Lilly scholarship winners
Keith Mughmaw congratulates his son Ryan after it was announced he was one of the Lilly Endowment Community Scholarship Award winners Wednesday evening during The Community Foundation awards banquet.
The Community Foundation of Grant County will accept applications for more than 120 scholarships through March 1.
“We want students to know this isn’t just for the highest (academic performance). … Our scholarship providers and donors have a lot of different ideas for who they want to fund,” said Program Manager Ashley McKnight. “Everybody is qualified to apply for a scholarship with us.”
Applicants should be prepared to enter their “class rank, class size, ACT Score, SAT Score, diploma type and high school guidance counselor’s email address,” according to a news release.
In another first for 2013, applications will also require financial information similar to a Free Application for Federal Student Aid (FAFSA) application to complete a need assessment from the National Center for College Costs through the Indiana College Cost Estimator.
FAFSA information includes “parent and student tax forms” including the 1040EZ, 1040A, 1040 and/or W-2; “parent and student untaxed income information”; “parent and student asset information”; and “parent business and/or farm records, if applicable.”
“Not only does that give us that estimated family contribution (EFC, the FAFSA’s indicator of financial need),” McKnight said, “they’ll have a report that National Center for College Costs will give us for individualized counseling on what their personal financial picture will look like depending on what school they choose.”
About 200 applications have been filed since they opened Dec. 1, and McKnight hopes to break the previous record of about 400. Records will be editable online until March 1, and she encourages applicants to look at the “other opportunities” tab for further scholarship possibilities.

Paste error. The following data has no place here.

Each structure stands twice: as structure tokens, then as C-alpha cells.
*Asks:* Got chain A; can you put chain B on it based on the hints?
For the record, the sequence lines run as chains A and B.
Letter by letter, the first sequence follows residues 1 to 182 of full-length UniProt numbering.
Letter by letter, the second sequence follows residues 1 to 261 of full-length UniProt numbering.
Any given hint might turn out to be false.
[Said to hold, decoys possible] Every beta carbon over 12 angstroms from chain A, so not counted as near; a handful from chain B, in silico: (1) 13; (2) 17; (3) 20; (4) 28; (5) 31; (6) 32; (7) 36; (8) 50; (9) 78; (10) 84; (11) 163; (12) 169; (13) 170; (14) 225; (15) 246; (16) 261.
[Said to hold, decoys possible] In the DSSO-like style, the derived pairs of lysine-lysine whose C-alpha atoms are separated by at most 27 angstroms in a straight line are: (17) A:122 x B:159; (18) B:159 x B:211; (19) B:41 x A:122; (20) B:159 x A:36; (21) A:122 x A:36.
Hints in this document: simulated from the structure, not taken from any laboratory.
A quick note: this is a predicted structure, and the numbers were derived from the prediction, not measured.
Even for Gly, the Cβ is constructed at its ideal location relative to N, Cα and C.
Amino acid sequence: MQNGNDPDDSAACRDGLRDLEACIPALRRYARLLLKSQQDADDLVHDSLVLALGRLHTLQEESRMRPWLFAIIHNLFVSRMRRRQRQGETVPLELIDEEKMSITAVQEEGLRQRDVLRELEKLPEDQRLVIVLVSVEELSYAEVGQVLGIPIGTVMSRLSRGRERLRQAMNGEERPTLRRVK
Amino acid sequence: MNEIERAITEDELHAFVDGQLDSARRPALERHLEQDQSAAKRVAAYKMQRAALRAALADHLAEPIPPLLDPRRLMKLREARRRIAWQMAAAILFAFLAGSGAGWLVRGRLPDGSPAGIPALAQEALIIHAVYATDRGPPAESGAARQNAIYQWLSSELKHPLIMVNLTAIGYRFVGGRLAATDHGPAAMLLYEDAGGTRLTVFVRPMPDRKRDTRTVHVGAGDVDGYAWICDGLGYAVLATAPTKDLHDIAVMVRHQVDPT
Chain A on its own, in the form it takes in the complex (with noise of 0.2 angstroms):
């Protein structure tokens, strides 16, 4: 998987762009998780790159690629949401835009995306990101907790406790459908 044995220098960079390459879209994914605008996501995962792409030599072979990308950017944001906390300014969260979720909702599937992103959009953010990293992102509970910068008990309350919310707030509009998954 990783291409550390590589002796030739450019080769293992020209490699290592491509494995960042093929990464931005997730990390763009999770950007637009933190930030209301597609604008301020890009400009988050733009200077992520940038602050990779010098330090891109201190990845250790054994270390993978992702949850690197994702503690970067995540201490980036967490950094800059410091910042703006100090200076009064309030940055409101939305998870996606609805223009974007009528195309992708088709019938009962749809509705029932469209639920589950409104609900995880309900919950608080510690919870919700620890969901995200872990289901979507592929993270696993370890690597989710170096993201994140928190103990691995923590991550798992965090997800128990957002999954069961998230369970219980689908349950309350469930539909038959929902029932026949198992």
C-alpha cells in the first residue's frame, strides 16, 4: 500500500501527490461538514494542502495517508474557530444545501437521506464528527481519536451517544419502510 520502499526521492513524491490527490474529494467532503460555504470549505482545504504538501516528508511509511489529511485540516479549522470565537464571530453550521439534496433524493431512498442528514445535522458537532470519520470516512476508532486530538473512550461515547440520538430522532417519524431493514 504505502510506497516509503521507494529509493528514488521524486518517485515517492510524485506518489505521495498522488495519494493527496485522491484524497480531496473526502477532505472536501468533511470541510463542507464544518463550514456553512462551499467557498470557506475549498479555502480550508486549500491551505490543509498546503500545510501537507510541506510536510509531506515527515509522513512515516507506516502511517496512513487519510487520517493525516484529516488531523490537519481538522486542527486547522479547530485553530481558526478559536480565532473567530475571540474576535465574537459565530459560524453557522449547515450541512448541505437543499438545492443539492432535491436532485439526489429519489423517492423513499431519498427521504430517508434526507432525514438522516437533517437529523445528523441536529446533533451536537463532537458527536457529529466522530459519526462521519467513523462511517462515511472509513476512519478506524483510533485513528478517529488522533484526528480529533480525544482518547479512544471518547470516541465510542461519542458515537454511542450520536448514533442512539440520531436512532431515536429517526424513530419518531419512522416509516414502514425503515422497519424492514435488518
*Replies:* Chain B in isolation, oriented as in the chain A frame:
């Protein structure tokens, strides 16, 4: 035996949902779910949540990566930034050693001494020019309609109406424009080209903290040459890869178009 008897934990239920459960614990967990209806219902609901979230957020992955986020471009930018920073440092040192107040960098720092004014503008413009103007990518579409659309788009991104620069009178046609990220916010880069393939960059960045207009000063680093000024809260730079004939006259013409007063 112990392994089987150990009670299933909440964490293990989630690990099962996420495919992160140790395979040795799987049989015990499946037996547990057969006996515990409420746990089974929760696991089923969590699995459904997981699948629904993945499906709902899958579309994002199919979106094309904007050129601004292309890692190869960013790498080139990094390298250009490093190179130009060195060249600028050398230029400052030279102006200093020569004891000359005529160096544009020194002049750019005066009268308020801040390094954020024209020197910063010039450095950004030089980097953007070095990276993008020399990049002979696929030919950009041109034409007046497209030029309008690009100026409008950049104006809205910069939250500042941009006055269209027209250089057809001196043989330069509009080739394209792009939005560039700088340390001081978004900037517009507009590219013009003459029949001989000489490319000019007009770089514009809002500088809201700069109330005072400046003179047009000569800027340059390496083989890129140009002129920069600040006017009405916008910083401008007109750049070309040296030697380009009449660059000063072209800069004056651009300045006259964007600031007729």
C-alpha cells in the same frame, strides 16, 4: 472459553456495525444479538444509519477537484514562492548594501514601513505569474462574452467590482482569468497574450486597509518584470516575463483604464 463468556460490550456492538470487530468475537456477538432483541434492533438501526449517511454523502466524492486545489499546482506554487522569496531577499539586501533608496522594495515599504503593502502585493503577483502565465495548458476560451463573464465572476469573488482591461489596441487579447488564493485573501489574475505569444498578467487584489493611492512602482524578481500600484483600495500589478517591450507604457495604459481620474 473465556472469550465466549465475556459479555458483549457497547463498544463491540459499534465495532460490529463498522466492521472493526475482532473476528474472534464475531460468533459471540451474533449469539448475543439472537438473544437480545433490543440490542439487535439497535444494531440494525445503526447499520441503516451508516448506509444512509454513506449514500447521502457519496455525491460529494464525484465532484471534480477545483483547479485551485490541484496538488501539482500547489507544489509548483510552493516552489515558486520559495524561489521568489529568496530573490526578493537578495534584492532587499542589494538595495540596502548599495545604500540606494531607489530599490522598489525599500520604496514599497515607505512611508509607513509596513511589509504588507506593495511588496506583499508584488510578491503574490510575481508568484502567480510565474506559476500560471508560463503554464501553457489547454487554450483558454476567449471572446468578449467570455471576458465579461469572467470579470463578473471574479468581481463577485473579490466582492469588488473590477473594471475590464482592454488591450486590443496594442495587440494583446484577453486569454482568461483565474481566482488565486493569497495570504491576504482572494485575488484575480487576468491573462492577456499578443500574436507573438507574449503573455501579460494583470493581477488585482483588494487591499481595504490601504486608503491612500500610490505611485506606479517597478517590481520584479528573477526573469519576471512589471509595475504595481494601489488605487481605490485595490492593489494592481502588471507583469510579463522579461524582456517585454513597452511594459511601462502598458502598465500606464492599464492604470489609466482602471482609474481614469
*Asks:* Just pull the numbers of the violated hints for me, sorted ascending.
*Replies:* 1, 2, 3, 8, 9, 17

Community Foundation scholarships are decided by a selection committee including Community Foundation staff, community leaders and fund founders. Funds are usually distributed in May at senior nights and similar events, McKnight said.
Last year, the foundation distributed more than $336,000 through 248 scholarships, not including the Lilly award. McKnight said fewer scholarships will be given but at greater values for 2013.
Winners of the Lilly Endowment Community Scholarship and other Community Foundation Academic Excellence Awards will be announced in the Chronicle-Tribune in May.
The Lilly Scholarship has granted a full ride to any Indiana college to two Grant County students each spring since 1999 after distributing one local award in 1998.
Each Grant County high school submits a nominee for the Lilly award; the Community Foundation selects two county-wide finalists and one alternate; and Independent Colleges of Indiana, Inc., decides the winners.
Tyler Davis, a 2000 Mississinewa High School graduate and Lilly scholar, said he wouldn’t have been able to pay $30,000 per year to attend University of Notre Dame and study biochemistry without the award.
“The ability to attend a school like that coming from a small town, really can’t be understated,” he said. “It really enabled me to be more selective with my next choice in schooling and other career choices.”
Davis later attended medical school at Tufts University in Boston and is now a physician and oncology student through Indiana University Simon Cancer Center in Indianapolis.
Davis credited his pursuit of the scholarship with getting him involved in so many activities as an MHS student. He served as National Honor Society president, Student Council vice president, elementary school tutor, Sunday school teacher and St. Martin Community Center volunteer.
Davis continues to receive networking and community service opportunities as a Lilly scholar, though he can’t take advantage as often as he’d like.
“It was truly one of the best things that’s happened to me,” Davis said of receiving the award. “I’m very grateful to the Community Foundation, the people at Mississinewa High School and the Lilly Endowment.”
Timber Ross, a 2003 Lincoln High School graduate, received $1,000 from the Evelyn L. Kensler Fund in 2012 to study licensed practical nursing at Marion Community Schools, about an $8,000 investment.
Ross is now working as an LPN at Faithful Friends Home Healthcare, 326 E. Main St., Gas City, and planning to pursue registered nurse training through the online College Network this spring.
“It allowed me to buy books and continue my education. I wouldn’t have been able to otherwise because I ran out of Pell Grant (funding),” she said. “I’m very appreciative.”